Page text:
As previously discussed in my blog “Why do we struggle with change?”, “change readiness” is not a skill but a habit. So what can you, as an individual, do to increase your capacity for adaptation and transformation? Here are my top 3 tips:
1. Stop an old habit
Adaptations work like this: chuck out DNA that’s no longer needed in order to make space for chromosomes that help a species to thrive in new environments; likewise, in order to have capacity for a new practice, you must stop an old one; for example, after listening to Tim Ferriss about 3 weeks ago, I have stopped reading online news almost completely because I realized it occupied me for 60-90 minutes each day. Instead of consuming content, I now have the time, focus and energy to blog. The thing is, I didn’t intend to use the gained time this way, it just happened, seemingly accidentally, and now I am keen to make it a new habit.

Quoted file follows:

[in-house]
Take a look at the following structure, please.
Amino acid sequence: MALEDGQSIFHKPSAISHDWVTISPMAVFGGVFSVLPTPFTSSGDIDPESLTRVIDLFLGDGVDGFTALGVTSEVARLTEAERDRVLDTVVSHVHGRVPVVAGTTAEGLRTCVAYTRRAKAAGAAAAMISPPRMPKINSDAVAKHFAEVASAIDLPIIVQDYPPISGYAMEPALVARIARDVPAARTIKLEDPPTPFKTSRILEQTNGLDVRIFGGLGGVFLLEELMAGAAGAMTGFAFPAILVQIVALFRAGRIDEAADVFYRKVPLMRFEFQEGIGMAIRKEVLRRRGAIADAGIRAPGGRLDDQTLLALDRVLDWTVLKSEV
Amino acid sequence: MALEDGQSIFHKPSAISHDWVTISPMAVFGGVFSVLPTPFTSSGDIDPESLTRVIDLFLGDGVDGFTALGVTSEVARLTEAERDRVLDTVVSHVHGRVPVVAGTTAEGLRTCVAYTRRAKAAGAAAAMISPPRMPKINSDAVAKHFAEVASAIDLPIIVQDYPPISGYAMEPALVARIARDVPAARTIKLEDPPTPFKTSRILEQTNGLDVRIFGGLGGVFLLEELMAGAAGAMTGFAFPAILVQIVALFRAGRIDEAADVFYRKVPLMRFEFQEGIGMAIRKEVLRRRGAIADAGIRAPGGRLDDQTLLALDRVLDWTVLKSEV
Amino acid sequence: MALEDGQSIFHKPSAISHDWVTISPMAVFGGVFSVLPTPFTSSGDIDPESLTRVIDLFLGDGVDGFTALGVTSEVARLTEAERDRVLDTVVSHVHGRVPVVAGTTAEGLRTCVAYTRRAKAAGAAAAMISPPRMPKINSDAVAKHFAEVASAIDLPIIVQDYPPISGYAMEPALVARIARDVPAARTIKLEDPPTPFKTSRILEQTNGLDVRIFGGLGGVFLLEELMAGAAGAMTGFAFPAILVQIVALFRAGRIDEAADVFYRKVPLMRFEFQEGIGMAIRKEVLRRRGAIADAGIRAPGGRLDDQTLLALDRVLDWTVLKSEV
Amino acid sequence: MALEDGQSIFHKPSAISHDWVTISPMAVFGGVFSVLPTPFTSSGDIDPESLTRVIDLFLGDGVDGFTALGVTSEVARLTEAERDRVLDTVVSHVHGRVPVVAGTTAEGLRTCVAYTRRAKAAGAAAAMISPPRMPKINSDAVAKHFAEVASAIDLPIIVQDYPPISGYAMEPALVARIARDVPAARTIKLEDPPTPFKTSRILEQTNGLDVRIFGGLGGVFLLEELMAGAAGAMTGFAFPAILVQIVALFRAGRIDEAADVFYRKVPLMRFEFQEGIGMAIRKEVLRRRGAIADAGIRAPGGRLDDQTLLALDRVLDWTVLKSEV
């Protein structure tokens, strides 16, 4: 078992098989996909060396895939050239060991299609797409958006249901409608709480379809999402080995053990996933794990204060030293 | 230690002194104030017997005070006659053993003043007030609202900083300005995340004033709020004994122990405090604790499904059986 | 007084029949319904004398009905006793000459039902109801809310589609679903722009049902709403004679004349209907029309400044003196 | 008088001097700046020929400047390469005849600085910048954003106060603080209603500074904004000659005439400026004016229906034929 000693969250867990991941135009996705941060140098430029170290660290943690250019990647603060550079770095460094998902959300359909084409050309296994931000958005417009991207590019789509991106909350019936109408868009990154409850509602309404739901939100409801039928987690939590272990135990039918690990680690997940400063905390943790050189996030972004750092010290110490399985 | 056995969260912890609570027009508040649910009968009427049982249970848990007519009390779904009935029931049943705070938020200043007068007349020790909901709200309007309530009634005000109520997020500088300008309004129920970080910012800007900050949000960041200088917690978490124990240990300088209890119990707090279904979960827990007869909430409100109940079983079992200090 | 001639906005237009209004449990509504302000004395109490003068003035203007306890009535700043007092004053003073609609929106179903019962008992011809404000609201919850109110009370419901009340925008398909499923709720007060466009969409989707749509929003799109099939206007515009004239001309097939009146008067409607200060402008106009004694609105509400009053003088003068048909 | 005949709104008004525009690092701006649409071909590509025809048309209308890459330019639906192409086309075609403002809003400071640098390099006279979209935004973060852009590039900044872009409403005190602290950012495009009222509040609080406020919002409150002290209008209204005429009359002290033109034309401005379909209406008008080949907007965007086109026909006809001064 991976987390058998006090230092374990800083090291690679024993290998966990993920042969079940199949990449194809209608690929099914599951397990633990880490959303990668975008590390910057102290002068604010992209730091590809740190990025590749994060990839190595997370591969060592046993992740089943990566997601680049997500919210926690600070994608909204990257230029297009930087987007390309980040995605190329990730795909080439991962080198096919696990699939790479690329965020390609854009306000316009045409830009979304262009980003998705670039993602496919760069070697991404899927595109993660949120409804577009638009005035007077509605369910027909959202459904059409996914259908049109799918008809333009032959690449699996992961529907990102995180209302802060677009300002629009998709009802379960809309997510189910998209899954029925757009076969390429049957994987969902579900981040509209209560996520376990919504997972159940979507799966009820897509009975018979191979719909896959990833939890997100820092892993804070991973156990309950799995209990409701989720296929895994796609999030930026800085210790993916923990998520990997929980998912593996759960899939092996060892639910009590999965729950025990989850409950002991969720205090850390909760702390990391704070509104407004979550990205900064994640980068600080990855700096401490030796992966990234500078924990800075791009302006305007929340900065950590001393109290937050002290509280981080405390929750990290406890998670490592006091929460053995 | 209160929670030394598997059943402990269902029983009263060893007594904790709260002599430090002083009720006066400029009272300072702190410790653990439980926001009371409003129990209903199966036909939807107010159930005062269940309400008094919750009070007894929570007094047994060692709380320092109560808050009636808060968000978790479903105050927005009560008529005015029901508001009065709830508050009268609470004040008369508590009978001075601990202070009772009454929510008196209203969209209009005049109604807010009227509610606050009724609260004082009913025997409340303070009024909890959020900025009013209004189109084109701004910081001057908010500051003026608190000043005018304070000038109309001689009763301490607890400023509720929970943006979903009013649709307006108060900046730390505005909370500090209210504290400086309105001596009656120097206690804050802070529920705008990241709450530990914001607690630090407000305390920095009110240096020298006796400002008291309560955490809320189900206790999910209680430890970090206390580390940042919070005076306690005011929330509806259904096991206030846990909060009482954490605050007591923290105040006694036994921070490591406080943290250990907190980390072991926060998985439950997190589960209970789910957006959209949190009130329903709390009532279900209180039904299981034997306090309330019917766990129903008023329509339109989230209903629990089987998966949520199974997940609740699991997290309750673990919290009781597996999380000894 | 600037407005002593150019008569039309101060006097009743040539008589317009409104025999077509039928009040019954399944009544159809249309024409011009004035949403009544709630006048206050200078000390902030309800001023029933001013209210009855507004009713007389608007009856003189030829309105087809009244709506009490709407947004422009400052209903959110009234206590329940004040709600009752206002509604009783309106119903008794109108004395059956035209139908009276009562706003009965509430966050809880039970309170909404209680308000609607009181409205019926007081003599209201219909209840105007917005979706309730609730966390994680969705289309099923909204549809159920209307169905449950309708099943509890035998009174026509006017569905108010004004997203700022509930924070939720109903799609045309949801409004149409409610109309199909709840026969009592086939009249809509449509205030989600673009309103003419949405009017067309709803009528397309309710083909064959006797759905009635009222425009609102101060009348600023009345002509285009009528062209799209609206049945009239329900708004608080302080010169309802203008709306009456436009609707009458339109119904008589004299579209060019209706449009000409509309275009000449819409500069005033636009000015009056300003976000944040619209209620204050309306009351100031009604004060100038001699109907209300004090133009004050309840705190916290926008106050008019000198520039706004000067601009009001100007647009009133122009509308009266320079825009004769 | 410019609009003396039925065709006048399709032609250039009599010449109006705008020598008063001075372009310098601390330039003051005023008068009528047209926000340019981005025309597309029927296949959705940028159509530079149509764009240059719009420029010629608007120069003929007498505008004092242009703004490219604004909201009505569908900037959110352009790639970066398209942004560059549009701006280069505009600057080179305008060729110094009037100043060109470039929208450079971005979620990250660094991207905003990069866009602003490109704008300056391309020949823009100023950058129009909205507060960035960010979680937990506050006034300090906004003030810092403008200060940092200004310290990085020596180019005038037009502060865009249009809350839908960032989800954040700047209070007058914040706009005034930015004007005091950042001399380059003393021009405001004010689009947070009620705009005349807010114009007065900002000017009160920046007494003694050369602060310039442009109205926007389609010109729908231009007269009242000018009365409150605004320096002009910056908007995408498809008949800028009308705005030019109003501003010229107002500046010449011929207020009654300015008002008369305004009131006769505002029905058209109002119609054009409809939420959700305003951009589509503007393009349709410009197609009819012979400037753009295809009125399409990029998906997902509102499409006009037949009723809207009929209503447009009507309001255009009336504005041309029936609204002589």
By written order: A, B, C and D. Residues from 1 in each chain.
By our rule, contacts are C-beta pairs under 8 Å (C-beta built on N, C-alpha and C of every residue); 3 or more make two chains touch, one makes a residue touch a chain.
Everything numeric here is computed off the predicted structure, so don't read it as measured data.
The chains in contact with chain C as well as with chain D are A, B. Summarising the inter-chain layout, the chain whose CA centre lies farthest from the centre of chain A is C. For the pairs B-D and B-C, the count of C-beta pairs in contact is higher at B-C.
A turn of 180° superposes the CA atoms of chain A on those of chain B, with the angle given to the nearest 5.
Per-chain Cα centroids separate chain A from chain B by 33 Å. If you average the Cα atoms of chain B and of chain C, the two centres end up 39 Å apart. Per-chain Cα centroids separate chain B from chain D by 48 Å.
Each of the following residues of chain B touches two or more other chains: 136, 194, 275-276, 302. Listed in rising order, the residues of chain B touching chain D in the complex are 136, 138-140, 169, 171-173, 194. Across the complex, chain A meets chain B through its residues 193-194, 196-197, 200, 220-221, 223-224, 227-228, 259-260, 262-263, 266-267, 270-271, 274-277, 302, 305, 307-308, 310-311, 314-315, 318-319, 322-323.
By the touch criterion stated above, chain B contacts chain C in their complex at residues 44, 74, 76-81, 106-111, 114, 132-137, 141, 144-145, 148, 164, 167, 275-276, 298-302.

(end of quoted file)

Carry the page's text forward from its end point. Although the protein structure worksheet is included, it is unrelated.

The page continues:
2. Hack your routines
Start disrupting your most mundane daily habits: choose a different way or mode of transport to work, sleep with your head at the foot end of the bed, browse the newsagent for a magazine you would never read (but that’s interesting enough to explore for an hour), swap your iPod or playlist with someone for a week, spend a day hot-desking in another department, and so on; the intention is to get inspired by something new, and to notice how you feel when this happens. These hacks are a sure shot at instantly becoming more change ready – I’ll buy you a drink if nothing comes from it!
3. Let go
This may be pushing it for some of you, but I wholeheartedly recommend you go to a restorative or yin yoga class, and learn how to surrender into poses you’ll find deeply uncomfortable to hold for 5-8 minutes both physically and mentally. You can’t ‘do’ those poses by controlling your fear, you need to ‘become’ them by letting go of your fear; I always feel more open to new things for a few days afterwards, and seem to display less ego. Egos don’t like change…
Summing up, change starts with you and you need to demonstrate your own capacity for change before you have any credibility to ask others to be ready for change.